Regulation of a carcinogenic genotoxin

Posted on February 6, 2024   by Dr Emily Addington

Dr Emily Addington takes us behind the scenes of their latest publication 'Current understandings of colibactin regulation' published in Microbiology.

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The Roe Laboratory at the University of Glasgow, UK, has a diverse range of research interests, expanding out from the regulation and expression of virulence factors in enterohaemorrhagic Escherichia coli (EHEC) 0157:H7. As a postdoctoral research assistant in the Roe Lab, I work alongside PhD student Sofia Sandalli on the genotoxic secondary metabolite, colibactin, which is produced by biosynthetic machinery encoded within the polyketide synthase (pks) pathogenicity island carried by many B2-phylogroup E. coli.

Colibactin is a fascinating molecule for many reasons. It is most infamous as a procarcinogen, possessing two cyclopropane warheads that are capable of alkylating DNA and causing genomic damage and cytopathic effects that drive carcinogenesis. In particular, colibactin is aetiologically associated with colorectal cancer (CRC), and it is possible to identify a specific colibactin mutational signature in colorectal carcinomas. Further, pks+ E. coli are overrepresented in the colonic mucosa of patients with CRC in comparison to biopsies from healthy controls. With CRC incidence increasingly worldwide, and rates nearly doubling in younger people within the last decade, we need research to develop prophylactic treatments and novel therapeutics for treating this cancer. Inhibiting the production of colibactin by pks+ bacteria may present a possible therapeutic approach for preventing CRC incidences which arise from the genotoxin.

Characterising the factors that regulate the pks island is critical for understanding how to obstruct or repress colibactin synthesis. Sofia and I are particularly interested in how amino acid supplementation impacts colibactin expression, as the Roe Group has shown that certain amino acids downregulate the clb genes of the pks island which encode the apparatus for synthesising the genotoxin. Specifically, D-serine, the D-enantiomer of serine, shows promise in decreasing colibactin production and ameliorating DNA damage and cytopathic effects in vitro. Much of our research has been carried out in the probiotic E. coli strain Nissle 1917, which is utilised in treatment of numerous gastrointestinal disorders and is widely available to purchase over the counter. Given the prevalent use of Nissle 1917 for inflammatory intestinal issues, it is interesting that the strain also carries the pks island and is capable of producing functional colibactin. Sofia and I aim to characterise the exact molecular mechanisms by which D-serine and other amino acids are capable of repressing colibactin synthesis, ultimately being interested in whether amino acid supplementation lessens the development of pks+ bacteria-associated colorectal carcinomas in vivo.

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© Image created with by Iris Floria The regulation of the bacterial genotoxin and procarcinogen, colibactin, is tightly regulated by numerous complex external and internal factors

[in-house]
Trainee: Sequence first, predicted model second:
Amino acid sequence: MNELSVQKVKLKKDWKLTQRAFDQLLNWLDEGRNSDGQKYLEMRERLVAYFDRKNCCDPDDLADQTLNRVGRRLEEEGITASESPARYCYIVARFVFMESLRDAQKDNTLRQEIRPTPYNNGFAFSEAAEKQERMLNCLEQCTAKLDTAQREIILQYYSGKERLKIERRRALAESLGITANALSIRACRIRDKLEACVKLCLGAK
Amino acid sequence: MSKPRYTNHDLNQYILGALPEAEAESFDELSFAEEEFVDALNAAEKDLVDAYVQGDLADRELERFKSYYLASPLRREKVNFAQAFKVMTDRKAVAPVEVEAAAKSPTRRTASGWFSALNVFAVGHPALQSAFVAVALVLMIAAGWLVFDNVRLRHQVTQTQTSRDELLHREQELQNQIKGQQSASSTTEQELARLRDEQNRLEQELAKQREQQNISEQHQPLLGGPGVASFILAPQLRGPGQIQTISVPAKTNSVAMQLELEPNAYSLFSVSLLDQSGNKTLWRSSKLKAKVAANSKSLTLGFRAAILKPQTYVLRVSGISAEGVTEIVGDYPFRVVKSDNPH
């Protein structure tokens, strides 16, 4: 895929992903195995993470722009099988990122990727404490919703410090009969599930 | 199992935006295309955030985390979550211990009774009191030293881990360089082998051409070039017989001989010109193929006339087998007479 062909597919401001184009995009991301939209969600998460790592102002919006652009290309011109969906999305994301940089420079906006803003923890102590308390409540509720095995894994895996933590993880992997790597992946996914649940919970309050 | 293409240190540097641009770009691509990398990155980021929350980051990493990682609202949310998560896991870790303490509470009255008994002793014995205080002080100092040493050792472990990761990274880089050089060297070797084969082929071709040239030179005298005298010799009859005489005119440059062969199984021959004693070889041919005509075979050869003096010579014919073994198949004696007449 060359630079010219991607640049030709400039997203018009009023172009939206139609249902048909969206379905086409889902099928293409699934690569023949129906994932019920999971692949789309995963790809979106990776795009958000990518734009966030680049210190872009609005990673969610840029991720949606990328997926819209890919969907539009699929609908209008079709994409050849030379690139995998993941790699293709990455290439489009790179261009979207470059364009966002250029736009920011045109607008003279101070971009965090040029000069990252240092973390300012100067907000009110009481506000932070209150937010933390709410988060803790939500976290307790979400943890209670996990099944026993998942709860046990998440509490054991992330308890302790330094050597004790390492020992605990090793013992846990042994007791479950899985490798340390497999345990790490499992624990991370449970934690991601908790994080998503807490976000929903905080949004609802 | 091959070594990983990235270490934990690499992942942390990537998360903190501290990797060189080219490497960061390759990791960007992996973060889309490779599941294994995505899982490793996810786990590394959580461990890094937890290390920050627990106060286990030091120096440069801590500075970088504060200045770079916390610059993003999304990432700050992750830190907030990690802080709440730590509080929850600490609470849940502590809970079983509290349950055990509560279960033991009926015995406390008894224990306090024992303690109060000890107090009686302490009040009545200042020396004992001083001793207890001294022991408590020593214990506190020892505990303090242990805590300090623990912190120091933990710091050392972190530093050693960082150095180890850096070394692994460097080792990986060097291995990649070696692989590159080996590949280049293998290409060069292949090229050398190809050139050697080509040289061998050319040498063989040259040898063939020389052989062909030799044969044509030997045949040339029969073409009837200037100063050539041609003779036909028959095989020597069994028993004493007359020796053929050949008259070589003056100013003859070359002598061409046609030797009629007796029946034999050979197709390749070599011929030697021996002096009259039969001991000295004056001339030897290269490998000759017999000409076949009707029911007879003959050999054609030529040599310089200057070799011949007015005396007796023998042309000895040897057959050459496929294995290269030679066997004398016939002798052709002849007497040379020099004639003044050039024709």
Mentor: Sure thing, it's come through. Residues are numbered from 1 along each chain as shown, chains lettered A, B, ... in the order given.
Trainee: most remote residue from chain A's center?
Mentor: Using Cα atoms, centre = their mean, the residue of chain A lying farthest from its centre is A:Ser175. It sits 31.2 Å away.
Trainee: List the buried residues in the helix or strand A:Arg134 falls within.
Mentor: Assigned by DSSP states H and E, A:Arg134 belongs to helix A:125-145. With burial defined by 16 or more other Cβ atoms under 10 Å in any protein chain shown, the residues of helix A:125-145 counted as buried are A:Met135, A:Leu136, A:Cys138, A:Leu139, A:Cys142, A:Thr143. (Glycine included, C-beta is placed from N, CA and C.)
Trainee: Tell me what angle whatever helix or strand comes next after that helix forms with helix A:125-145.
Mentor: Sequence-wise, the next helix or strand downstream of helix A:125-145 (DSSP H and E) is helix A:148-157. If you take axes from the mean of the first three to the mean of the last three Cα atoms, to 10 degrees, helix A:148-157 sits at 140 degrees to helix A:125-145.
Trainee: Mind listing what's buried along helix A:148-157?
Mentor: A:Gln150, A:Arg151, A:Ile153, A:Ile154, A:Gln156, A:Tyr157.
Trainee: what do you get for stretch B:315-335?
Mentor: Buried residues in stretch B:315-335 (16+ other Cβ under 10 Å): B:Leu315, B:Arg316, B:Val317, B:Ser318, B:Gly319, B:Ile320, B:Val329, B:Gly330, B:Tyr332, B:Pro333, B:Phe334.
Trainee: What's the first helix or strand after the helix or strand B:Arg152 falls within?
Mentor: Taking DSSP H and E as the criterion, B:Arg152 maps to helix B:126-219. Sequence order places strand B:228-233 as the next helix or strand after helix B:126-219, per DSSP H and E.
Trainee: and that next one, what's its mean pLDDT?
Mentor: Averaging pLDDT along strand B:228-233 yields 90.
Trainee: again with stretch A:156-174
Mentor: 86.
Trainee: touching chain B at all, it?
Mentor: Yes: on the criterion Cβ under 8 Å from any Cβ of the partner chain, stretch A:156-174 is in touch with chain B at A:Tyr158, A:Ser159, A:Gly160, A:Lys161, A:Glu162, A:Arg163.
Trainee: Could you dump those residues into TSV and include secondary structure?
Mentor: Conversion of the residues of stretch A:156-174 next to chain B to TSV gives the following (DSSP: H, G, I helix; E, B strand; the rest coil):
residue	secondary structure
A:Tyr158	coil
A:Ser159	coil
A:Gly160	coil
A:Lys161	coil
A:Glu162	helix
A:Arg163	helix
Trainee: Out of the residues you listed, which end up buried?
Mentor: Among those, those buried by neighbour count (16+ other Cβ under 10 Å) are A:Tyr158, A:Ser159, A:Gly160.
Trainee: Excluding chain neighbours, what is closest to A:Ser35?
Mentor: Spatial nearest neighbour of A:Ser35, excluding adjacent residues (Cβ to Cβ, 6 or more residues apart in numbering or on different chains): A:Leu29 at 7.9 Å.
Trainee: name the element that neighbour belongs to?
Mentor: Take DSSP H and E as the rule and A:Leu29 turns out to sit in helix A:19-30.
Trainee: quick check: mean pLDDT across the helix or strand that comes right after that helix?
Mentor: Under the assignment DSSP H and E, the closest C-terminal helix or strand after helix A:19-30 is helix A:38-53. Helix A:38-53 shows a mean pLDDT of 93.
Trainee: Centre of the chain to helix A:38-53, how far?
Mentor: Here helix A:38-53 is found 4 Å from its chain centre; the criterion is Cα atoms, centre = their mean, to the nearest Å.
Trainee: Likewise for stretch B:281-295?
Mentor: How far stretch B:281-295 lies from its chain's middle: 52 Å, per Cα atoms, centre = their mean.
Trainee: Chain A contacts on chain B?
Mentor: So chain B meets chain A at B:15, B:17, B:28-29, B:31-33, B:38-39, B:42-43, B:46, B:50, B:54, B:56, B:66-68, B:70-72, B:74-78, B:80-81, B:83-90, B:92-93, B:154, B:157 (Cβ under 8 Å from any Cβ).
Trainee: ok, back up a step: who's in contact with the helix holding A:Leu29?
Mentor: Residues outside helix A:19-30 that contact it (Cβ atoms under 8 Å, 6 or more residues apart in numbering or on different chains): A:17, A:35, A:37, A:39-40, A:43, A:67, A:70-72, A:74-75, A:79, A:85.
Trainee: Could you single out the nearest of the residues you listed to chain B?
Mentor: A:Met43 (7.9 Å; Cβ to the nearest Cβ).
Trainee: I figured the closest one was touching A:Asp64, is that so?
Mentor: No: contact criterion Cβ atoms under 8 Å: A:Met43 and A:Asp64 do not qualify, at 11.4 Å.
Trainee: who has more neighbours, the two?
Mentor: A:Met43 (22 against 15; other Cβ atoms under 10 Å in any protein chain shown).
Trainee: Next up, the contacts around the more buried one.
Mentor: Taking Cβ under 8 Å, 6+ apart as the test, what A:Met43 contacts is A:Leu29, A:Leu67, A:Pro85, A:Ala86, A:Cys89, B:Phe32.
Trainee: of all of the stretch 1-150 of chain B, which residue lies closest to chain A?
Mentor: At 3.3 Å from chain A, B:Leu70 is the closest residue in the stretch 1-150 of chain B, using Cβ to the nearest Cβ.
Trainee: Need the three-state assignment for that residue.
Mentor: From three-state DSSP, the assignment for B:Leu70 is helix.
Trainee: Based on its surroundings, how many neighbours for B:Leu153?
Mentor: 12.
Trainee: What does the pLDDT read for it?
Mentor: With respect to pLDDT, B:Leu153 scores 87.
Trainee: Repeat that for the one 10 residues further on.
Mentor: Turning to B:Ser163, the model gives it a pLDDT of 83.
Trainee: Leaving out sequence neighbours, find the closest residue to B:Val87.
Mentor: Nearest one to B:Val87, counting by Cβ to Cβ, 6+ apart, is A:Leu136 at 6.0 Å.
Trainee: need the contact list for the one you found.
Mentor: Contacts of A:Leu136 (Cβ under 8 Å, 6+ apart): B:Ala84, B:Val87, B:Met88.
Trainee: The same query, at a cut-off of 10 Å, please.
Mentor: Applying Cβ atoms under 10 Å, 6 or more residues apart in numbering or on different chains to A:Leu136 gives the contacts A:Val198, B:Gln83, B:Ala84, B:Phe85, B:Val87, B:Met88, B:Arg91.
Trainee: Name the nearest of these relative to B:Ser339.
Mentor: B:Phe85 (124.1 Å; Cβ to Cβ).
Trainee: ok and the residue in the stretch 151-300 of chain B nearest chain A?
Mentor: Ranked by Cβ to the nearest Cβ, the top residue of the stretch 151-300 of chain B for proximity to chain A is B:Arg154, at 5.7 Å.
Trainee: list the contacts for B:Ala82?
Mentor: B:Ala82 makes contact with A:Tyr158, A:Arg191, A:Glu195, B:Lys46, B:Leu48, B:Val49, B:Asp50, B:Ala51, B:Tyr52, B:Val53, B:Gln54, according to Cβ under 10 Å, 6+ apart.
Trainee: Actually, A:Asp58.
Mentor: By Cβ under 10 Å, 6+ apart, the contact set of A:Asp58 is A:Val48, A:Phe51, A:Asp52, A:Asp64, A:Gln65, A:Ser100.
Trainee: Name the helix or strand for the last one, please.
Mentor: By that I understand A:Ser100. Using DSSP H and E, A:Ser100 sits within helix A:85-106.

Our recent review sought to consolidate what is currently known about regulation of the pks island and colibactin synthesis, not only from a molecular perspective, but also considering the extensive extrinsic environmental factors that influence genotoxin production. Diet is an enormous modulator of the intestinal microbiome, and it is interesting to consider how amino acids, short chain fatty acids (SCFA), and iron bioavailability appear to interact with and downregulate the colibactin biosynthetic machinery, whilst conversely, inulin and galacto-oligosaccharides (GOS) enhance clb gene expression. Further, intestinal inflammation and hypoxia are associated with many gastrointestinal disorders and are present in CRCs. In our review we highlight the research that has shown how these conditions enhance colibactin production and drive tumorigenesis. The pks island is 54 kb, and is comprised of 19 genes which, as we discuss, appear to be regulated at multiple levels by many factors, with modulation by some of these factors appearing to occur on distinct or multiple genes in the colibactin biosynthetic locus. It was recently shown that ClbR is the main transcriptional activator of the clb genes, and as our understanding of how this protein interacts with other elements advances, it will hopefully provide a clearer picture of how colibactin synthesis is controlled.

Much is still unknown about the pks island and colibactin itself, which makes for a challenging and exciting area of research. We understand that the condition of the colonic environment hugely impacts colibactin production and genotoxicity, and that there is vast interplay between pks+ bacteria, the wider gut microbiome, and the host immune system. In the future, those of us working on colibactin will hopefully begin to unpick and unravel how external influences such as these alter the internal bacterial processes regulating production of the genotoxin. Sofia and I will be focused on deciphering amino acid induced colibactin repression by a combination of molecular, cellular, and in vivo based approaches, and we are excited to share more of this work in the future.

Thumbnail image: Image created with by Iris Floria